Nova Scotia

Human rights inquiry hears accusations of racism against Halifax police officers

What started as a trip to get coffee on Gottingen Street has spiraled into a human rights inquiry into whether two Halifax Regional Police officers targeted a Black man who was jaywalking.

Gyasi Symonds says he was targeted after jaywalking on Gottingen Street in January 2017

Two Halifax Regional Police officers have testified they acted appropriately after witnessing Symonds jaywalk across a busy Halifax street. (Carolyn Ray/CBC)

A human rights board of inquiry heard two clashing versions Friday of a man's interaction with Halifax Regional Police that started with jaywalking and led to accusations of discrimination.

Gyasi Symonds, who is Black, alleges he was the victim of racism when police went to his office building and issued him a ticket for jaywalking. The incident happened nearly four years ago, on Jan. 24, 2017.

The hearing has been at times tense and emotional, with Symonds accusing the two police officers involved of lying during their testimony.

On the day in question, Symonds left his work at an office building on Gottingen Street and went to get a cup of coffee at a café across the street. He admitted he crossed illegally to get to the coffee shop, and said four white people did the same, just steps ahead of him.

Two Halifax Regional Police officers saw Symonds cross and testified that a white van had to stop to avoid hitting him. Constables Steve Logan and Pierre-Paul Cadieux said they warned Symonds not to do it again and tried to educate him about being a safe pedestrian.

Symonds said he went to the crosswalk to return to work with his coffee.

But the officers disputed that story Friday, saying they witnessed Symonds crossing illegally again — this time causing a Halifax Transit bus to stop abruptly. Passengers standing inside were "thrown" by the sudden movement, the board of inquiry heard.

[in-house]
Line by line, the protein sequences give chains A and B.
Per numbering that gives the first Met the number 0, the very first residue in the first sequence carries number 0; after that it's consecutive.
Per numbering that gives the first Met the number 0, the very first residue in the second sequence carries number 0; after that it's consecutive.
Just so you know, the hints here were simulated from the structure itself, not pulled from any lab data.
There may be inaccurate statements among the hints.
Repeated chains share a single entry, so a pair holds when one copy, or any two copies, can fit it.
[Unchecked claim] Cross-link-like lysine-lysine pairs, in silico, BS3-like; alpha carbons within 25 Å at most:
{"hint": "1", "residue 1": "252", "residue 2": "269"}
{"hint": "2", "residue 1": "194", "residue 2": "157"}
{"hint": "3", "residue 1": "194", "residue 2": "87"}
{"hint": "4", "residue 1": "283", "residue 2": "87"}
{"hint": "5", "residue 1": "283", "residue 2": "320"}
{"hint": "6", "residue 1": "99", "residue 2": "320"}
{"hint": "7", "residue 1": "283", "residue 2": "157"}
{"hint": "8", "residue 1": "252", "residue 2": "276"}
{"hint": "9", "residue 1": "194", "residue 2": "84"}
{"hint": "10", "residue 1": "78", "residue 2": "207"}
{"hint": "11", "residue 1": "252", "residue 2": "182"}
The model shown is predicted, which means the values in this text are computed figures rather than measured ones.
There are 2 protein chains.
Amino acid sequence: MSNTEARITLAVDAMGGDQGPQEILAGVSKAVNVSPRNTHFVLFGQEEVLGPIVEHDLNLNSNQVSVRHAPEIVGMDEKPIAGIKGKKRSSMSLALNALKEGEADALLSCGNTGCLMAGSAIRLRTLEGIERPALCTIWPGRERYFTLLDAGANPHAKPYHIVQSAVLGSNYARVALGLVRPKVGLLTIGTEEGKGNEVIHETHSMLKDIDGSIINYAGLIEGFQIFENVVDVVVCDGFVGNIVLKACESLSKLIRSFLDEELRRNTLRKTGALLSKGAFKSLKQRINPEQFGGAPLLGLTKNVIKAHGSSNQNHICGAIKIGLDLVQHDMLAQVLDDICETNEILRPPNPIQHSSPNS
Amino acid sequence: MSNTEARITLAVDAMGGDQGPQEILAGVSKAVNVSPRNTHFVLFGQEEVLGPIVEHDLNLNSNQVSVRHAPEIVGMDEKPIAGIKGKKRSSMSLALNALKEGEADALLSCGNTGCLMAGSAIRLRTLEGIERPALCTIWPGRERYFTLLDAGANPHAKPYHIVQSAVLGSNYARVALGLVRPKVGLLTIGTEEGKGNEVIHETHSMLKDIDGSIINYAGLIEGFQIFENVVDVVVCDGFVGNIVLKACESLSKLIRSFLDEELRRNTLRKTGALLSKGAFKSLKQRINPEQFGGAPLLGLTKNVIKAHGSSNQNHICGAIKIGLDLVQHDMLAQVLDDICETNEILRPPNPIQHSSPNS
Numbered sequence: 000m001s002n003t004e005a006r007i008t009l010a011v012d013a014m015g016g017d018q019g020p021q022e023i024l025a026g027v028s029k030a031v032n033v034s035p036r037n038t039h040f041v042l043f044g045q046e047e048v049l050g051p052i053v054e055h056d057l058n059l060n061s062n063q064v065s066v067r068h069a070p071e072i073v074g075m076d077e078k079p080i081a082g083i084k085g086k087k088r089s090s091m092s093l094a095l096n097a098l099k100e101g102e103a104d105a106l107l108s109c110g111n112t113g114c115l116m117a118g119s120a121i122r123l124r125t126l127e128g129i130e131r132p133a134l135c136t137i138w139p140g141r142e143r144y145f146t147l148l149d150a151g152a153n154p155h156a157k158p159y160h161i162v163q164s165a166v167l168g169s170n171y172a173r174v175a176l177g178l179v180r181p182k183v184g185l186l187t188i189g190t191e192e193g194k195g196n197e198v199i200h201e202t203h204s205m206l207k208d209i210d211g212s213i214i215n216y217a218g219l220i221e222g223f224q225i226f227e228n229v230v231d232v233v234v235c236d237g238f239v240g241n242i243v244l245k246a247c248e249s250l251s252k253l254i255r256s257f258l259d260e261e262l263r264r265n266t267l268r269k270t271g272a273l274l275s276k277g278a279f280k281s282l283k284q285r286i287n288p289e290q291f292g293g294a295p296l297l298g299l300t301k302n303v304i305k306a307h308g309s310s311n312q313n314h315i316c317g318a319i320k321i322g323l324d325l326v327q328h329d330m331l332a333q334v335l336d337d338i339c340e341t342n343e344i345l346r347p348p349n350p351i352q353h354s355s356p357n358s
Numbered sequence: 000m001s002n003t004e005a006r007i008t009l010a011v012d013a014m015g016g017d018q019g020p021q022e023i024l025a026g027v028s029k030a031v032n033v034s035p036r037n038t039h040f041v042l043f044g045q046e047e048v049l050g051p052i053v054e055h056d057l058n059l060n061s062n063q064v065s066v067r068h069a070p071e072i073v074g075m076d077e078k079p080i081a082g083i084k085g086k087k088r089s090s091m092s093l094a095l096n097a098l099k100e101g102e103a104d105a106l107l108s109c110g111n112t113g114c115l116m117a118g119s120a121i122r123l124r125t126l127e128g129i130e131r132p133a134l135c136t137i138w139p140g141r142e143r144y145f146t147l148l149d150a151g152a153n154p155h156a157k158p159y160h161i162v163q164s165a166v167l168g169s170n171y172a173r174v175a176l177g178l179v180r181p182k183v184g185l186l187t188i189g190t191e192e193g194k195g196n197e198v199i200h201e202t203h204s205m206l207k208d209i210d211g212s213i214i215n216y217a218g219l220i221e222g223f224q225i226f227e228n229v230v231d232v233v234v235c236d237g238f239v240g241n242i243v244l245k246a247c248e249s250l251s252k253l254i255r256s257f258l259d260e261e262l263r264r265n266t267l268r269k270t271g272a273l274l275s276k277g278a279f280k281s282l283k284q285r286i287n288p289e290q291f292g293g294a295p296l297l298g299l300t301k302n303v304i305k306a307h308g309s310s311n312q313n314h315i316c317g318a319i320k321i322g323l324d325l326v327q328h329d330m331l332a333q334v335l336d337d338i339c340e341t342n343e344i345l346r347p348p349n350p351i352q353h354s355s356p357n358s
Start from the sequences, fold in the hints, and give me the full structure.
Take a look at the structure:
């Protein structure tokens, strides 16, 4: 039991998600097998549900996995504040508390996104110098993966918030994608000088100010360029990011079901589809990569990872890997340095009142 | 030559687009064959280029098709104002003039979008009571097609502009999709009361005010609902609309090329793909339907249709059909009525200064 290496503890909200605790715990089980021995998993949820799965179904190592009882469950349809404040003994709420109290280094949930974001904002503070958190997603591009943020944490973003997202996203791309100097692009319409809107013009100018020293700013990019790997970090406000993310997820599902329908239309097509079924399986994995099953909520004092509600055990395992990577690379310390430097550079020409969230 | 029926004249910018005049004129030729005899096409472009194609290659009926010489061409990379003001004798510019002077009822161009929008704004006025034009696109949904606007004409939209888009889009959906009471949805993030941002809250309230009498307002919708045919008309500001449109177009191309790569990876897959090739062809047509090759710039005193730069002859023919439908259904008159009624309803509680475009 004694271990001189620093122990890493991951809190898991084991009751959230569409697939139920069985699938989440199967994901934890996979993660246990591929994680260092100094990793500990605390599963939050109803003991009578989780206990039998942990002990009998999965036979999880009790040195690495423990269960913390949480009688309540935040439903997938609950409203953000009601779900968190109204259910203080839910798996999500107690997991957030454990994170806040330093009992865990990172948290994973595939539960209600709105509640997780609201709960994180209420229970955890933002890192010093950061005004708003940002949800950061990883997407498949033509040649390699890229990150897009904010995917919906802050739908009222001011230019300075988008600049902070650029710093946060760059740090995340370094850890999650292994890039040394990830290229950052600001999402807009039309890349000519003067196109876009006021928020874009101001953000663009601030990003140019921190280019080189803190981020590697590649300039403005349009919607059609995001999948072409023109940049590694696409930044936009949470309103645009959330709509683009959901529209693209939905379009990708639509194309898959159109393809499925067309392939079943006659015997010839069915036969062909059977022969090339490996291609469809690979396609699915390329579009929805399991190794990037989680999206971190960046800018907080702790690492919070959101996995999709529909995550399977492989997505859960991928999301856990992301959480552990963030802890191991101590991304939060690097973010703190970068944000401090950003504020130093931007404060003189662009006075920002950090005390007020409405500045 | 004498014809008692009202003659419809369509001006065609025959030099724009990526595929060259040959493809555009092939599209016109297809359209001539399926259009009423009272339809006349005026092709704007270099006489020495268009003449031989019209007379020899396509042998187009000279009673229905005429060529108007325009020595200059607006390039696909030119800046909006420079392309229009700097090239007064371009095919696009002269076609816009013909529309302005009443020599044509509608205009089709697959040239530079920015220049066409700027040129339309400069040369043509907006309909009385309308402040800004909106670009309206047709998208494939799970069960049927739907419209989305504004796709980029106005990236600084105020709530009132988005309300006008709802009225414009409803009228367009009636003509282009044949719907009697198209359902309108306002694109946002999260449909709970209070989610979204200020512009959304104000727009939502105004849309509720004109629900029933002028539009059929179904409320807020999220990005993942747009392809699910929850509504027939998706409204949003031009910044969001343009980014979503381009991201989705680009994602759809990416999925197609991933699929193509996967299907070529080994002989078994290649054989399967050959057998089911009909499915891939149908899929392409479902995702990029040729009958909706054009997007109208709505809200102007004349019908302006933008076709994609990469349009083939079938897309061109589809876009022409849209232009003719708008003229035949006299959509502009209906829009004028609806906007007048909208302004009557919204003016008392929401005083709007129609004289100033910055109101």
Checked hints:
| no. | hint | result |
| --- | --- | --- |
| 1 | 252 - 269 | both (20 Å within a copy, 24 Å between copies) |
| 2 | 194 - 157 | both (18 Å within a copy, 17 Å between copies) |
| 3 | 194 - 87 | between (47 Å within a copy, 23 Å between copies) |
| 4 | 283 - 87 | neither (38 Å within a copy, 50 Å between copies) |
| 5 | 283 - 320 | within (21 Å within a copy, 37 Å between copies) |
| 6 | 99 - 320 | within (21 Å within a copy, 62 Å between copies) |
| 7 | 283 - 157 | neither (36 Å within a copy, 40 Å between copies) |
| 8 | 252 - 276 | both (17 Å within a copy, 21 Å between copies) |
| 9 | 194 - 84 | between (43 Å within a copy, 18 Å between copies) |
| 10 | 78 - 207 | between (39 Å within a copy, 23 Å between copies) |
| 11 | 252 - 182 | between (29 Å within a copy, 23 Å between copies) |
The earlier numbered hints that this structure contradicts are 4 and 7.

Officers were demanding, rude: witness

The officers testified they went into Symonds's office building to issue him a ticket. That's where they spoke with Carolyn Brodie, the commissionaire on duty in the lobby.

Brodie told the hearing that police came in looking for a Black man in a tuque. She wouldn't give them access to the restricted areas of the office building to find him.

Brodie, who is also Black, said she felt shaken by the officers' tone and demeanour, which she described as demanding and rude.

"I did not understand the behaviour of the police officers at all," she said.

Brodie said she wondered if the police were responding to a serious crime, like a robbery, and asked what they were investigating.

The officers replied they were investigating jaywalking. "We're just trying to save his life," said one of the officers, according to Brodie's testimony.

'I never had them treat me like that'

Brodie said it didn't make sense, as people are constantly jaywalking in the area.

During their interaction, she said Cadieux followed her into the reception area of the provincial Department of Community Services, where she went to speak with a supervisor. She described the constable as being "not in control."